“I would be shocked if charges are not filed, but I don’t know when that will happen,” said Christensen, who is representing several women in a potential class action lawsuit against the ride service Uber, amid allegations that drivers have sexually assaulted female passengers.
Doug Wigdor of Wigdor Law represented Nafissatou Diallo in both the criminal and civil cases against the then head of the International Monetary Fund, Dominique Strauss-Kahn, who was accused in 2011 of sexually assaulting the room attendant in his suite at a New York hotel.
The criminal case collapsed after prosecutors decided Diallo would not be able to convince a jury she was truthful. She achieved a civil settlement, in which Strauss-Kahn denied assault but admitted a “moral error”, but the failure successfully to prosecute such a high-profile case was a blot on Vance’s office.
The experience has cast a shadow over the Weinstein case, especially after it was revealed that one of the producer’s lawyers, David Boies, contributed to Vance’s re-election campaigns.
In London, the Metropolitan police are investigating cases involving three women.
Christensen said that where alleged assaults had happened several years ago or involved alcohol, law enforcement faced a difficult task.
“The brain’s natural defense is to block things out about what happened and if you spent some time where you never talked about it it gets muddier,” she said. 
“A lot of women have come forward and they are not recalling in sufficient detail what the prosecution would need – and that’s what it comes down to when you are having to prove a case, that’s just how the law works.”
The extent to which accusations involving multiple complainants can be admitted as evidence in any individual criminal case is likely to be a matter of debate in court.
The sheer volume of complaints against Weinstein, Christensen said, will be much more easily introduced in civil cases, where rules about evidence involving a defendant’s character and the standard of proof are less stringent than in criminal court.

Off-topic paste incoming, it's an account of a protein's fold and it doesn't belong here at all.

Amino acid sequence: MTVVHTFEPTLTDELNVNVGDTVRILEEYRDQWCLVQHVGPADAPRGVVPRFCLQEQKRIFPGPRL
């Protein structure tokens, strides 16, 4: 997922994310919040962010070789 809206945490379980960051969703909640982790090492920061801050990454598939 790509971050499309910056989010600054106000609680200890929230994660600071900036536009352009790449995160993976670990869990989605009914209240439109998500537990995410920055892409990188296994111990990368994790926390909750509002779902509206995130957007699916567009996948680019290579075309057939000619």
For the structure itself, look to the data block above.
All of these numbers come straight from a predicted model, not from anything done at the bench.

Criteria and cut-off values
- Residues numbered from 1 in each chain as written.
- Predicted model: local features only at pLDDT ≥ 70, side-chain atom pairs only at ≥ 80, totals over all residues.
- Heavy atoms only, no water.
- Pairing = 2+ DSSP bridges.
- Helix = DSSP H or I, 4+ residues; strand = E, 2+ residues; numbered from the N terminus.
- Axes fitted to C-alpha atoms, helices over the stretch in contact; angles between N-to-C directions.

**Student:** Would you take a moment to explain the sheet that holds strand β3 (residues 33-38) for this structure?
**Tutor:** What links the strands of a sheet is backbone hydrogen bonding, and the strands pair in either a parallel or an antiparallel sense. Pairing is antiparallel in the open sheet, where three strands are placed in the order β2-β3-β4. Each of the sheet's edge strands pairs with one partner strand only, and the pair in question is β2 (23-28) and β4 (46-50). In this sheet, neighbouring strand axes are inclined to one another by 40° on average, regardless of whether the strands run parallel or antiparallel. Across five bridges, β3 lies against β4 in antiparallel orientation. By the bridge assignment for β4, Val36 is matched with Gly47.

The UK lawyer Jill Greenfield is expected to file civil lawsuits on behalf of a number of women in the high court in London in due course, having written to Weinstein demanding settlements but without hearing back so far.
“People are contacting me,” she said. “I’m expecting to coordinate a claim for a number of victims.”
Following the decision not to charge Weinstein in connection with her case, Ambra Battilana Gutierrez signed an agreement in which the film producer paid her $1m. 
“I thought I needed to support my mom and brother, and how my life was being destroyed, and I did it,” she told the New Yorker earlier this week.
The actor Dominique Huett filed the first civil suit since complaints against Weinstein came pouring out in early October, in the New York Times. She is claiming $5m in Los Angeles superior court, alleging that the Weinstein Company “aided and abetted” Weinstein in “repeated acts of sexual misconduct”.

-- reprint from The Guardian